Refugees Magazine Issue 110 (Crisis in the Great Lakes) - Unsung heroes : Local staff are indispensible

Local staff are indispensible.

They're often the first into a new crisis and the last to leave. Local staff are indispensible and frequently put their lives at risk, but they're also often unsung heroes.

By Peter Kessler

Cesar Tshilombo is no stranger to war, but living on the edge still didn't fully prepare him when conflict engulfed eastern Zaire in 1996.

'I was not afraid because I had already lived through two wars,' Tshilombo said, recalling the fall of Goma where he was working as a radio technician for UNHCR. 'But I was worried for my kids, and I was worried for the people who were really exposed, like the drivers.'

As the rebels advanced on Goma, Tshilombo worked until the last moment to ensure local employees received salary advances. As he scuttled home at midday, shells were already falling on the town. Monitoring humanitarian radio traffic, it became clear that expatriate workers were preparing to evacuate the town.

Tshilombo came face to face with that anguished moment local staff working for international organizations have increasingly experienced in recent years: a deteriorating local security situation, the pullout of foreign officials and a very uncertain future for staff left behind. It was a bitter-sweet moment. 'I monitored the preparations for the internationals leaving,' Tshilombo said. 'It was a normal thing to do because they were especially targetted.'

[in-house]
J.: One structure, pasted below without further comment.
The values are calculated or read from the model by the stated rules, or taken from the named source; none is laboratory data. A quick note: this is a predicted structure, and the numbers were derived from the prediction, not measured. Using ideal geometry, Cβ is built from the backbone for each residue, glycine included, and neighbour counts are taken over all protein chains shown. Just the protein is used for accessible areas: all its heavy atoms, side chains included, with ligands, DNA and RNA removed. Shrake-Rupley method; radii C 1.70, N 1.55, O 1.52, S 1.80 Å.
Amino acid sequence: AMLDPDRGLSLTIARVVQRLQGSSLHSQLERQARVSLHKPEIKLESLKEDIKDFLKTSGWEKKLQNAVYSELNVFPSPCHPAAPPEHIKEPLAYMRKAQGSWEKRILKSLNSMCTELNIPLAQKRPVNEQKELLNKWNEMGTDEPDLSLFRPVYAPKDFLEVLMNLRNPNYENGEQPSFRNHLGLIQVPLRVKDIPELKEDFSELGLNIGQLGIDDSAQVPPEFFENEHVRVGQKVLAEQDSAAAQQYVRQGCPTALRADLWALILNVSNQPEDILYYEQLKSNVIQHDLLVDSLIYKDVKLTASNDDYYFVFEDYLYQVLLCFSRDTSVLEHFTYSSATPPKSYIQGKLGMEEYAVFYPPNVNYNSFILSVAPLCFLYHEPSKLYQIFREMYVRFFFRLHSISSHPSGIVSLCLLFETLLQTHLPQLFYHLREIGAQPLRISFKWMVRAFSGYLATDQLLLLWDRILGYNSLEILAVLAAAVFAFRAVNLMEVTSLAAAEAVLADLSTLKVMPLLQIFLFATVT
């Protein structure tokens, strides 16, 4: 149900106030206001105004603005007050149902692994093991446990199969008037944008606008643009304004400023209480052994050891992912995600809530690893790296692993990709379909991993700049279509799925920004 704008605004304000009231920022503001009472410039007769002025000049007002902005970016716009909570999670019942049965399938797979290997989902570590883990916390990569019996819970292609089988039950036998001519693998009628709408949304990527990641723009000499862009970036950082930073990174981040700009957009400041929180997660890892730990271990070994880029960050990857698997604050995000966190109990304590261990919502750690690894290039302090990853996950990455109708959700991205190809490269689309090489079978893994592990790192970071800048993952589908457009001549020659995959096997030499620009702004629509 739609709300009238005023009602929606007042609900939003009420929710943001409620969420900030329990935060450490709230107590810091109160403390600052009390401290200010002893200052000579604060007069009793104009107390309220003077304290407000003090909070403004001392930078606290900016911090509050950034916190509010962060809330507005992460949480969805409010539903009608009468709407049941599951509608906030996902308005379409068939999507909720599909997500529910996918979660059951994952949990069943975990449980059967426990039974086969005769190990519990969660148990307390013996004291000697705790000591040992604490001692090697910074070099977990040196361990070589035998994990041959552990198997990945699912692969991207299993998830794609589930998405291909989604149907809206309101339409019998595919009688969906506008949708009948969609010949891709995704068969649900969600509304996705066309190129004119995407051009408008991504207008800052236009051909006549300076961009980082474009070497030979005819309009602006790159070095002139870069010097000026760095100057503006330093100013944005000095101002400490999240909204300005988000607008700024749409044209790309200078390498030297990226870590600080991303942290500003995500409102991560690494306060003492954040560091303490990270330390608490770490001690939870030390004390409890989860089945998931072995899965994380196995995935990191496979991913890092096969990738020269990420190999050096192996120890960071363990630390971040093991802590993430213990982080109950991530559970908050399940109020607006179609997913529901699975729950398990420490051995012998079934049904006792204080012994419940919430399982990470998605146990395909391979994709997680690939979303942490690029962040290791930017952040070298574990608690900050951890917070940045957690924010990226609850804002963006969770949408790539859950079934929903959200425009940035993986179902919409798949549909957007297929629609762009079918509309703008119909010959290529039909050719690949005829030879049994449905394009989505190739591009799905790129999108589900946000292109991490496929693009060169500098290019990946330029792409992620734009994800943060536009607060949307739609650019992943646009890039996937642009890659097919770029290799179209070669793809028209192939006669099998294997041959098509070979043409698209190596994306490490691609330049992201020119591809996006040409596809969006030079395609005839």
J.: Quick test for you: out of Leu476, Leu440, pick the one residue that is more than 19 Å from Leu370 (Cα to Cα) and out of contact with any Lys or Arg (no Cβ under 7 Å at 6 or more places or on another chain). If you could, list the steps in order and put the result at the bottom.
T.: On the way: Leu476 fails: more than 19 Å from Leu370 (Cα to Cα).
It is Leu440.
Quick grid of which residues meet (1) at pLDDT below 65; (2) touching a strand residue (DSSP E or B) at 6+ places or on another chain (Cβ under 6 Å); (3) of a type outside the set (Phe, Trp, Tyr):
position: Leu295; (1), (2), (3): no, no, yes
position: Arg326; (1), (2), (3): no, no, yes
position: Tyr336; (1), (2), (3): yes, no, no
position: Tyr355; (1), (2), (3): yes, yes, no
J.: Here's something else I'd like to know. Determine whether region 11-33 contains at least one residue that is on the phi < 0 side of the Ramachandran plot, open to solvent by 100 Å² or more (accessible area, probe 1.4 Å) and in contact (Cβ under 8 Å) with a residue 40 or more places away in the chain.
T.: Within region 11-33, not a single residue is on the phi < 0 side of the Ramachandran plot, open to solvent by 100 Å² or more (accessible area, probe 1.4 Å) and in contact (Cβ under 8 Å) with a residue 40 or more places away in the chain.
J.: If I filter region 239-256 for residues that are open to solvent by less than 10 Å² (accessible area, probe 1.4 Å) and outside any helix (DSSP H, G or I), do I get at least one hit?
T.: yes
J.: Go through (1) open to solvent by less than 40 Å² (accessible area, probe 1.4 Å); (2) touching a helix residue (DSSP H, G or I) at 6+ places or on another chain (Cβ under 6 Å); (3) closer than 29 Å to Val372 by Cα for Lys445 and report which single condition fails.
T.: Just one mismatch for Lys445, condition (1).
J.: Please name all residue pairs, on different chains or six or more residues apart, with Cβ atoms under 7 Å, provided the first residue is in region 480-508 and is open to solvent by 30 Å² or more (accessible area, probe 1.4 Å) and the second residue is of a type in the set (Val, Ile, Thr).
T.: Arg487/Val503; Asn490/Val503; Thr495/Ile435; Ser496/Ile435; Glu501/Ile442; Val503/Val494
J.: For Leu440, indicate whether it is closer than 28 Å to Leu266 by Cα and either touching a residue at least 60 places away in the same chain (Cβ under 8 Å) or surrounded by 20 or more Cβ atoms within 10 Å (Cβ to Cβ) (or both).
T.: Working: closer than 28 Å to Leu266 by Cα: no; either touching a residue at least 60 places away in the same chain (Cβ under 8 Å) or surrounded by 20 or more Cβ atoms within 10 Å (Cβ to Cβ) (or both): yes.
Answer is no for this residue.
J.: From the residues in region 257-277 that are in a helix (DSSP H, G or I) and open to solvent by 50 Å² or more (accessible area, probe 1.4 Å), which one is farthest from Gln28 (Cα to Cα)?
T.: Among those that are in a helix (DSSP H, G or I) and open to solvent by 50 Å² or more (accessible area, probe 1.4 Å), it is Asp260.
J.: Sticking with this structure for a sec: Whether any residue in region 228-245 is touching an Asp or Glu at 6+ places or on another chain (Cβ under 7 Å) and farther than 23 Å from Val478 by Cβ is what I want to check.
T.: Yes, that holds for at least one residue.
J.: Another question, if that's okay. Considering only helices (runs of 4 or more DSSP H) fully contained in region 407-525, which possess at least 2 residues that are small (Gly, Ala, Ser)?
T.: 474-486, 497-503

National staff are the backbone of humanitarian operations, often the unsung and sometimes even forgotten heroes of dangerous situations. It is a job with obvious attractions - salaries are good by local standards and humanitarian work is both prestigious and often the only one available in faraway crises. But more and more, staff are also being asked to put their very lives on the line.

When international workers flew eastwards from Goma to Kenya and safety during the rebellion in 1996, Tshilombo, his wife Aimerance and five children, fled 40 kms westwards to try to escape the fighting. En route, he saw the type of violence he had witnessed in his youth and had hoped his family would never experience. 'I saw horrible things in Sake town,' he said. 'But what I saw in nearby Mugunga (refugee camp) was really bad.' Hundreds of thousands of refugees were trapped for several weeks in Mugunga and suffered terrible physical hardships before scattering in all directions in late 1996.

Tshilombo, other local staff and returning expatriates, continued to live with violence and massive human suffering for many months afterwards as they tracked tens of thousands of refugees through the Central African rainforests.

In March, 1996, a particularly popular and key UNHCR staff member, Louis Musafiri died from injuries he sustained in a traffic incident while driving a group of refugees to a nearby airstrip. 'Louis was a personal friend, really someone I looked towards', Cesar Tshilombo said. 'Louis had the qualities of the kinds of people whom I had always imagined worked for humanitarian organizations.'

Louis Musafiri was one of 36 UNHCR staff who were deliberately killed, died or went missing during the Great Lakes crisis. Many others were injured, beaten up or threatened.

Cesar Tshilombo is still with UNHCR, now in its office in Kinshasa, the capital of the renamed Congo Democratic Republic. His wife continues to live many hundreds of miles away across the country in Goma.

The Great Lakes only emphasized a disturbing trend which has become more apparent in recent years - that field workers, both expatriate and local, are no longer immune to the violent surroundings in which they work. While expatriates can often fly out of extreme danger, UN regulations make few provisions for local staff who have family, homes and roots in the immediate vicinity.

The security of ALL humanitarian workers will be a major issue for years to come in the wake of events in Central Africa.

Source: Refugees Magazine issue 110 (1997)